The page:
On Nov. 14, the U.S. Supreme Court granted review of the 26-state lawsuit against the president’s health care law, the Patient Protection and Affordable Care Act. The court granted five and half hours for oral argument, including two hours of argument on the individual mandate and one and a half hours on severability, which addresses whether, in the event the mandate is found unconstitutional, the entire act must be stricken as well.Read More »
One of the challenges to having good choices is how inclusive those choices are with respect to the methods of care that Arizona citizens find effective and economic. To the extent those effective methods are not part of the conversation the care offered through the exchange may be inadequate or discriminatory.Read More »
Imagine hiring a builder to add a kitchen on to your house. You agree to a price, sign a contract, and take out a loan. But without consulting you, the builder decides instead to build a garage. You would sue him for violating the contract and you would win.
This is exactly what Cave Creek School District did when it broke its contract with the voters.
After the unprecedented recall and defeat of Senate President Russell Pearce, political pundits have had a heyday analyzing the causes of his decisive upset. Immigration policy? Abrasive personality? Campaign blunders? These and many other factors contributed to the Pearce defeat.Read More »
Mesa businessman Wil Cardon branded himself as the anti-politician, an outsider who lacks a “politician’s polish,” as he put it, during a Nov. 15 speech at his new campaign headquarters near Phoenix Sky Harbor International Airport.
But the U.S. Senate candidate who is challenging Congressman Jeff Flake for the Republican nomination appears anything but politically naïve. In fact, he sounded very much like a politician.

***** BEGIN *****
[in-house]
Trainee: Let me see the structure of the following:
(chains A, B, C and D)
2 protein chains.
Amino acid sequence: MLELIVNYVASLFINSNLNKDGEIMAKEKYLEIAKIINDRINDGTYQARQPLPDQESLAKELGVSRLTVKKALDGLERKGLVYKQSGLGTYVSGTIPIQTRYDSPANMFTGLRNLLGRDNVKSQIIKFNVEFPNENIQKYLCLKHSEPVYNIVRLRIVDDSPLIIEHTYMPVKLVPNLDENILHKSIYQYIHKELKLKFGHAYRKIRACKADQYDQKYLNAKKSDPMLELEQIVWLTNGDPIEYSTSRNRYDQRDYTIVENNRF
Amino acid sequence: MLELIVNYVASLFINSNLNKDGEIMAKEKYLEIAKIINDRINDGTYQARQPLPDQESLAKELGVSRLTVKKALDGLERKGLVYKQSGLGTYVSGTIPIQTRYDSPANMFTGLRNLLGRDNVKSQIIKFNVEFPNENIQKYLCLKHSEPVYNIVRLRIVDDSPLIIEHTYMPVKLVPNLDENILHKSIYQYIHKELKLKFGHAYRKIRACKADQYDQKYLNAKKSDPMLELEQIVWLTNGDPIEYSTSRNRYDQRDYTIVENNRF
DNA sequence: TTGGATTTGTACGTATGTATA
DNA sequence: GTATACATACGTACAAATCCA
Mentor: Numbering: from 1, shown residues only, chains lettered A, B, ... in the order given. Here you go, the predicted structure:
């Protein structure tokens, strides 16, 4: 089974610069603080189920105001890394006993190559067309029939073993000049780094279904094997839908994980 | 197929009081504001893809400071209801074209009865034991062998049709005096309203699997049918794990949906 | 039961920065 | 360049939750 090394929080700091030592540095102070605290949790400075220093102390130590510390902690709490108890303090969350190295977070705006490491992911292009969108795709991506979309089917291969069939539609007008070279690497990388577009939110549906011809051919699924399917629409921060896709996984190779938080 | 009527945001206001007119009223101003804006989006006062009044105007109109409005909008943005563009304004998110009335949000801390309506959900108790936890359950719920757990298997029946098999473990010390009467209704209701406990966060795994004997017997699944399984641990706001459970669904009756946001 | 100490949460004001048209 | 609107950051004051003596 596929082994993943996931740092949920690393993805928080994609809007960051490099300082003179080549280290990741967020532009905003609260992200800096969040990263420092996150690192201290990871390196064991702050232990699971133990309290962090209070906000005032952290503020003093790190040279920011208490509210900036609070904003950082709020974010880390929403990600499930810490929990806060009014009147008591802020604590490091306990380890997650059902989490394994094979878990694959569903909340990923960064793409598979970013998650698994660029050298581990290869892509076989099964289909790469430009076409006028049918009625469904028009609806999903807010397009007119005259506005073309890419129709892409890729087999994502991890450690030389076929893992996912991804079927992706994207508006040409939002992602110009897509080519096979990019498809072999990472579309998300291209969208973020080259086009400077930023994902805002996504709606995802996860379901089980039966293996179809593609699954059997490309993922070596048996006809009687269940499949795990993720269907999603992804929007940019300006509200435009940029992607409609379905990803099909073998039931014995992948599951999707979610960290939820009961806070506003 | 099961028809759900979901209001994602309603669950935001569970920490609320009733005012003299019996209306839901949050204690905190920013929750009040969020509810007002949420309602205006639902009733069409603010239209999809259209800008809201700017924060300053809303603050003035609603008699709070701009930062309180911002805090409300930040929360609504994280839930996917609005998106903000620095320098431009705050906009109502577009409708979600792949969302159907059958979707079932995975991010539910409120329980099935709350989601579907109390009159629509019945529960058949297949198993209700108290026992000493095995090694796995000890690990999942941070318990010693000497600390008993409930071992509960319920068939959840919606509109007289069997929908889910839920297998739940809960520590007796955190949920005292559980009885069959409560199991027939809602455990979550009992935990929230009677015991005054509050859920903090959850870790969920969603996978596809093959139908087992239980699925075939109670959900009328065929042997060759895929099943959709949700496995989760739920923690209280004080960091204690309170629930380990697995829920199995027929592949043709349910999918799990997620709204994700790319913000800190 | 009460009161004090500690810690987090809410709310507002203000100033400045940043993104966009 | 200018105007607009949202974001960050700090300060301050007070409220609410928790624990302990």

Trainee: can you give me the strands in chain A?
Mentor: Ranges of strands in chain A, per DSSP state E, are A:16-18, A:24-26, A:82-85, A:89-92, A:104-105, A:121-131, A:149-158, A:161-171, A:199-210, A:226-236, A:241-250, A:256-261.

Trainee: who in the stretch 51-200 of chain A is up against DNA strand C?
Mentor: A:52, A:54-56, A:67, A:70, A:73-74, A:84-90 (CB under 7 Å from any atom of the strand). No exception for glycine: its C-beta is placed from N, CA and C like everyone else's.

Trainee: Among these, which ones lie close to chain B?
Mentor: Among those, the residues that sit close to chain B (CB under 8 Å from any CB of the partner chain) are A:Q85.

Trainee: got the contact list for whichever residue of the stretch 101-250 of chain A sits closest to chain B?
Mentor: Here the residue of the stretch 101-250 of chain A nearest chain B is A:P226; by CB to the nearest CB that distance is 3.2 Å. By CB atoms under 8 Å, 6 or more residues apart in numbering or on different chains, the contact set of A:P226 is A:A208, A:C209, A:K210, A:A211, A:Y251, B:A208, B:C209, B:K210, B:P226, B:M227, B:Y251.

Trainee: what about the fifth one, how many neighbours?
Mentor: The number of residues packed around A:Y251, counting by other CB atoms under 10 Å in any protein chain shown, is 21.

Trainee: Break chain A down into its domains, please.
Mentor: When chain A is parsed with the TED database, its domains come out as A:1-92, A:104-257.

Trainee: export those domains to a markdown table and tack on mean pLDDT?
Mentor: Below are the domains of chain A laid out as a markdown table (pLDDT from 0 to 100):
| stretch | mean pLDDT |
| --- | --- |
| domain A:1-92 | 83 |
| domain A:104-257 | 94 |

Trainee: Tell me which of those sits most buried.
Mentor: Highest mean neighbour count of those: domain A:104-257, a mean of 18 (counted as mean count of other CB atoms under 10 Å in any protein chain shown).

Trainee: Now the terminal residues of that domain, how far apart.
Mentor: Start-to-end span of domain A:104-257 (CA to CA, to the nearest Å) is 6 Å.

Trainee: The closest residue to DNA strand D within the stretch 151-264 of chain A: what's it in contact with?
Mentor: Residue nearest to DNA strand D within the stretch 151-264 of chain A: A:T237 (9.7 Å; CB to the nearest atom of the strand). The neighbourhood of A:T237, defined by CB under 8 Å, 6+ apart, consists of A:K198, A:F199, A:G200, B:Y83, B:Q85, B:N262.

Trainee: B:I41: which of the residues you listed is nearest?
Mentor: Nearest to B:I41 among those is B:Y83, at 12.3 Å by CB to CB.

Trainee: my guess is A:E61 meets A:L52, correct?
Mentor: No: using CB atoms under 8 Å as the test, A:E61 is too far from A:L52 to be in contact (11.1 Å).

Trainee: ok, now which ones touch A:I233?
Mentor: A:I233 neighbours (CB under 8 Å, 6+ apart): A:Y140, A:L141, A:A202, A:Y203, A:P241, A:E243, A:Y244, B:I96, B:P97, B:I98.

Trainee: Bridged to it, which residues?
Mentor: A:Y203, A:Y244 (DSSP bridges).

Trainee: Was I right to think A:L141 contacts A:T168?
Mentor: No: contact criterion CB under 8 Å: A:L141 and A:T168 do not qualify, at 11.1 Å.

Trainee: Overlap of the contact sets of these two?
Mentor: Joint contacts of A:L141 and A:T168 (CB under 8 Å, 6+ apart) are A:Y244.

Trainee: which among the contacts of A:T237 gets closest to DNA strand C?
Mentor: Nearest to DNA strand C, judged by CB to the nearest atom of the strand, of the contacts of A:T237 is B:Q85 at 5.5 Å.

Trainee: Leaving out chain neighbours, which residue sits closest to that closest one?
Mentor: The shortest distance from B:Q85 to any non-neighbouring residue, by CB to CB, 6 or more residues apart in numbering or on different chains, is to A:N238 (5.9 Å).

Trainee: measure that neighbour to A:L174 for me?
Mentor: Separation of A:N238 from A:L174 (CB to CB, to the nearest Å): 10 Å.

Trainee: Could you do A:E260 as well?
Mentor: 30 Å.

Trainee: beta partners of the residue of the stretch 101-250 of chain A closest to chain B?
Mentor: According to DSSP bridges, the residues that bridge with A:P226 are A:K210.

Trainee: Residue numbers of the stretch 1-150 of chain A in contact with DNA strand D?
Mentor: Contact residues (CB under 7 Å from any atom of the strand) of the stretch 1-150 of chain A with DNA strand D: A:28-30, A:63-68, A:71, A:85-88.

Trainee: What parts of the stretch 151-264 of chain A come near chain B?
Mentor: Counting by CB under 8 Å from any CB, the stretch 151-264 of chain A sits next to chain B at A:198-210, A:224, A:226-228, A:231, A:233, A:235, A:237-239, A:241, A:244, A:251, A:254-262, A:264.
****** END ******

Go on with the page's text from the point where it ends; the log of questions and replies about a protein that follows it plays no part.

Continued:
Those of us who watch the economic reports and fluctuating stock markets are continually asking ourselves, “What’s next?”Read More »
I’d be lying if I said I was not extremely disappointed by being voted out in a recall election. It has been an honor to serve the people of Arizona in the legislature for the last decade and I am sad to go under these circumstances.
There is still much to be done, even though we lead the nation in many areas, such as economic recovery, safer neighborhoods, job creation, quality education, 2nd Amendment freedom, lower taxes, less regulation, defense of the unborn, protection of property rights, and yes, a return to the principles laid down by our Founding Fathers.
Reid Buckley, brother of the late political commentator William F. Buckley, Jr., used to ask audiences, “Do you know how high a pile one million bucks would make in thousand dollar bills?” After a pause, he would answer: “Seven inches.” Then he asked, “Now, do you know how high a pile one billion bucks would make in thousand dollar bills?” Again, after a pause: “Well, 28 feet higher than the Washington Monument.”Read More »
When the drafters of Proposition 106 took their idea to the ballot in 2000, they knew they had to address the possibility of the state needing to remove a member of the Independent Redistricting Commission. They wrote that a commission member could be removed by the governor, with the support of two-thirds of the state Senate, for acts considered “gross misconduct” or “substantial neglect of duty.” Thank goodness they included that in the proposition approved by Arizona voters.Read More »
The best defense is a good offense. I’ve heard that all my life, but have never seen it more cleverly demonstrated than in Arizona’s current redistricting process. The governor’s latest attempt to de-rail the independent redistricting process elevates this axiom to a new high (or low).Read More »